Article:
51. 19. Adams, “A Modified Divine Command Theory of Ethical Wrongness,” p. 340. In Introduction to Philosophy of Religion: Readings, Chapter 8. 20. St.Thomas Aquinas, De Veritate, question 23, article 6; quoted by Eric D’Arcy, “‘Worthy of Worship’: A Catholic Contribution” in Religion and Morality, p. 191 (emphasis in the original). 21. Summa Theologica I–II (First Part of the Second Part), q. 91, a. 2. In Introduction to Philosophy of Religion: Readings, Chapter 8. 22. Summa Theologica I–II, q. 94, a. 2. In Introduction to Philosophy of Religion: Readings, Chapter 8. 23. Summa Theologica I–II, q. 94, a. 4. In Introduction to Philosophy of Religion: Readings, Chapter 8. 24. Harold M. Schulweis, “Judaism: From Either/Or to Both/And” in Contemporary Jewish Ethics and Morality, edited by Elliot N. Dorff and Louis E. Newman (New York: Oxford University Press, 1995), p. 30.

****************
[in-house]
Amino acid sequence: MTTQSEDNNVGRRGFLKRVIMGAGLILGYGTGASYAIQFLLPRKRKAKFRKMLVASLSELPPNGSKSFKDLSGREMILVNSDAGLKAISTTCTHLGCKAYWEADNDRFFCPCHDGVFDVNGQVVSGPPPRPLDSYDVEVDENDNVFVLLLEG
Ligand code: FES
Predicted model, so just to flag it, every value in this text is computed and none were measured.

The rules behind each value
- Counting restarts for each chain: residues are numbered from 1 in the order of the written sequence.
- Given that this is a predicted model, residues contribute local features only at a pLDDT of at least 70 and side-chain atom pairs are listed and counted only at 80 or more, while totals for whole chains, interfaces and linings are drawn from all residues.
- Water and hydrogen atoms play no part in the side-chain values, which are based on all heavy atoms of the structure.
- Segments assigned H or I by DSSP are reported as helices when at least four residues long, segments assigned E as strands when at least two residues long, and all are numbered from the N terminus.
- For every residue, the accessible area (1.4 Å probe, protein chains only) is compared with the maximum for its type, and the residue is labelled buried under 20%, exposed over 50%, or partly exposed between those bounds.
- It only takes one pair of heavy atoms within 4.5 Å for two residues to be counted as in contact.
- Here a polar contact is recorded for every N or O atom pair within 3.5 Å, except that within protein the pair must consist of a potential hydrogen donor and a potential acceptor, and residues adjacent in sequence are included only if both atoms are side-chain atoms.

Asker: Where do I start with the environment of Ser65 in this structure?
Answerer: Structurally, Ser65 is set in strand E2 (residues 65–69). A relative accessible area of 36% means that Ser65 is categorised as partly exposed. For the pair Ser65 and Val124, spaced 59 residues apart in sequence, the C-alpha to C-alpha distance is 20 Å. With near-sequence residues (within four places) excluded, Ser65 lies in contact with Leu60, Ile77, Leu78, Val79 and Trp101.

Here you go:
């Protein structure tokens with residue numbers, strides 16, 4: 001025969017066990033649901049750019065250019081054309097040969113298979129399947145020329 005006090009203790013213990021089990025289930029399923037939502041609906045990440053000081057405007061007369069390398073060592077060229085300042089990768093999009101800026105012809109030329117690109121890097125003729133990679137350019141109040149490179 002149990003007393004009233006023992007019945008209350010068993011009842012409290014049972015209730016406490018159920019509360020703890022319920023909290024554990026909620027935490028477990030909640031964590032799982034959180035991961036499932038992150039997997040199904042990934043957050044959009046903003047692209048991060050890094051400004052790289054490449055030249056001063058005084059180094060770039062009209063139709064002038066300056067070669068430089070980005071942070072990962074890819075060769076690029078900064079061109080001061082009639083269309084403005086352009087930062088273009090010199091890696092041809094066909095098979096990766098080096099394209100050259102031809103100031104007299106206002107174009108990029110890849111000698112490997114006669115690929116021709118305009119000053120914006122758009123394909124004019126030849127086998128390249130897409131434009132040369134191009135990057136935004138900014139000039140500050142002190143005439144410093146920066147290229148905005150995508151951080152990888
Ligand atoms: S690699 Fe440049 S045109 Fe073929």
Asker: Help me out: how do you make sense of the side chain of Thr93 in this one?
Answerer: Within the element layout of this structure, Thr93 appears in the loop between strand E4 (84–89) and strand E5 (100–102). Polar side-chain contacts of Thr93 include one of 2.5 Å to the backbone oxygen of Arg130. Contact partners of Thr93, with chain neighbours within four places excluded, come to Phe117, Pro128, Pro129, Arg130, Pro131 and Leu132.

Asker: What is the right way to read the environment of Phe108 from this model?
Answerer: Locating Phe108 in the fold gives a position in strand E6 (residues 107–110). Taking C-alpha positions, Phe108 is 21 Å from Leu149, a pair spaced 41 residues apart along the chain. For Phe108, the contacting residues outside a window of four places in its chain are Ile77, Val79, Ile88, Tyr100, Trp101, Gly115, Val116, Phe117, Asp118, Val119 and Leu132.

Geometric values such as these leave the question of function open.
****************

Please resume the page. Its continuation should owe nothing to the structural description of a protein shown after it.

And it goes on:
Chapter 9 Religious Language, Metaphor, and Gender Issues of Religious Language Questions about religious language, particularly the language used to speak about God, have been raised from several standpoints. One strain of religious sensibility, going back to well before the Middle Ages, maintains that human language and conceptions are inadequate in their application to God. Its adherents believe that it cannot be said strictly of God that God “knows” or “is good” or “is loving.” These terms apply to human beings, but not to God. Another strain of religious sensibility, however, has stressed the importance for faith in God that God is, or at least can be believed to be, good and loving. The issue here is to what extent these and other terms crucial to religious belief apply literally or only figuratively to God. Related to this issue is the gender issue. Often in the Western theistic traditions God is spoken of using male gender terms. In Christianity Jesus spoke of a heavenly Father, and in the Bible and the Qur’an the masculine pronoun he is used to refer to God. Does this mean that God is male? Could God just as well be referred to as “she”? This issue has been brought to prominence in recent years by feminist theologians, but it too goes back many centuries. Another kind of issue relating to language about God has been raised from a scientific standpoint, or, more accurately, from a philosophical standpoint that has been greatly influenced by the procedures and standards of science. The sense that there is a tension between reason and faith, as was discussed in Chapter 4, has a long heritage in the Western theistic traditions. In the age of science, though, there developed a concern about the meaning of religious beliefs, or religious statements, like “There is a God” or “God is merciful.” Unlike scientific statements, some philosophers argued, such religious statements lack “factual meaning.” In this chapter we examine the religious-language issues of metaphor, gender, and factual meaning, starting with the issue of factual meaning.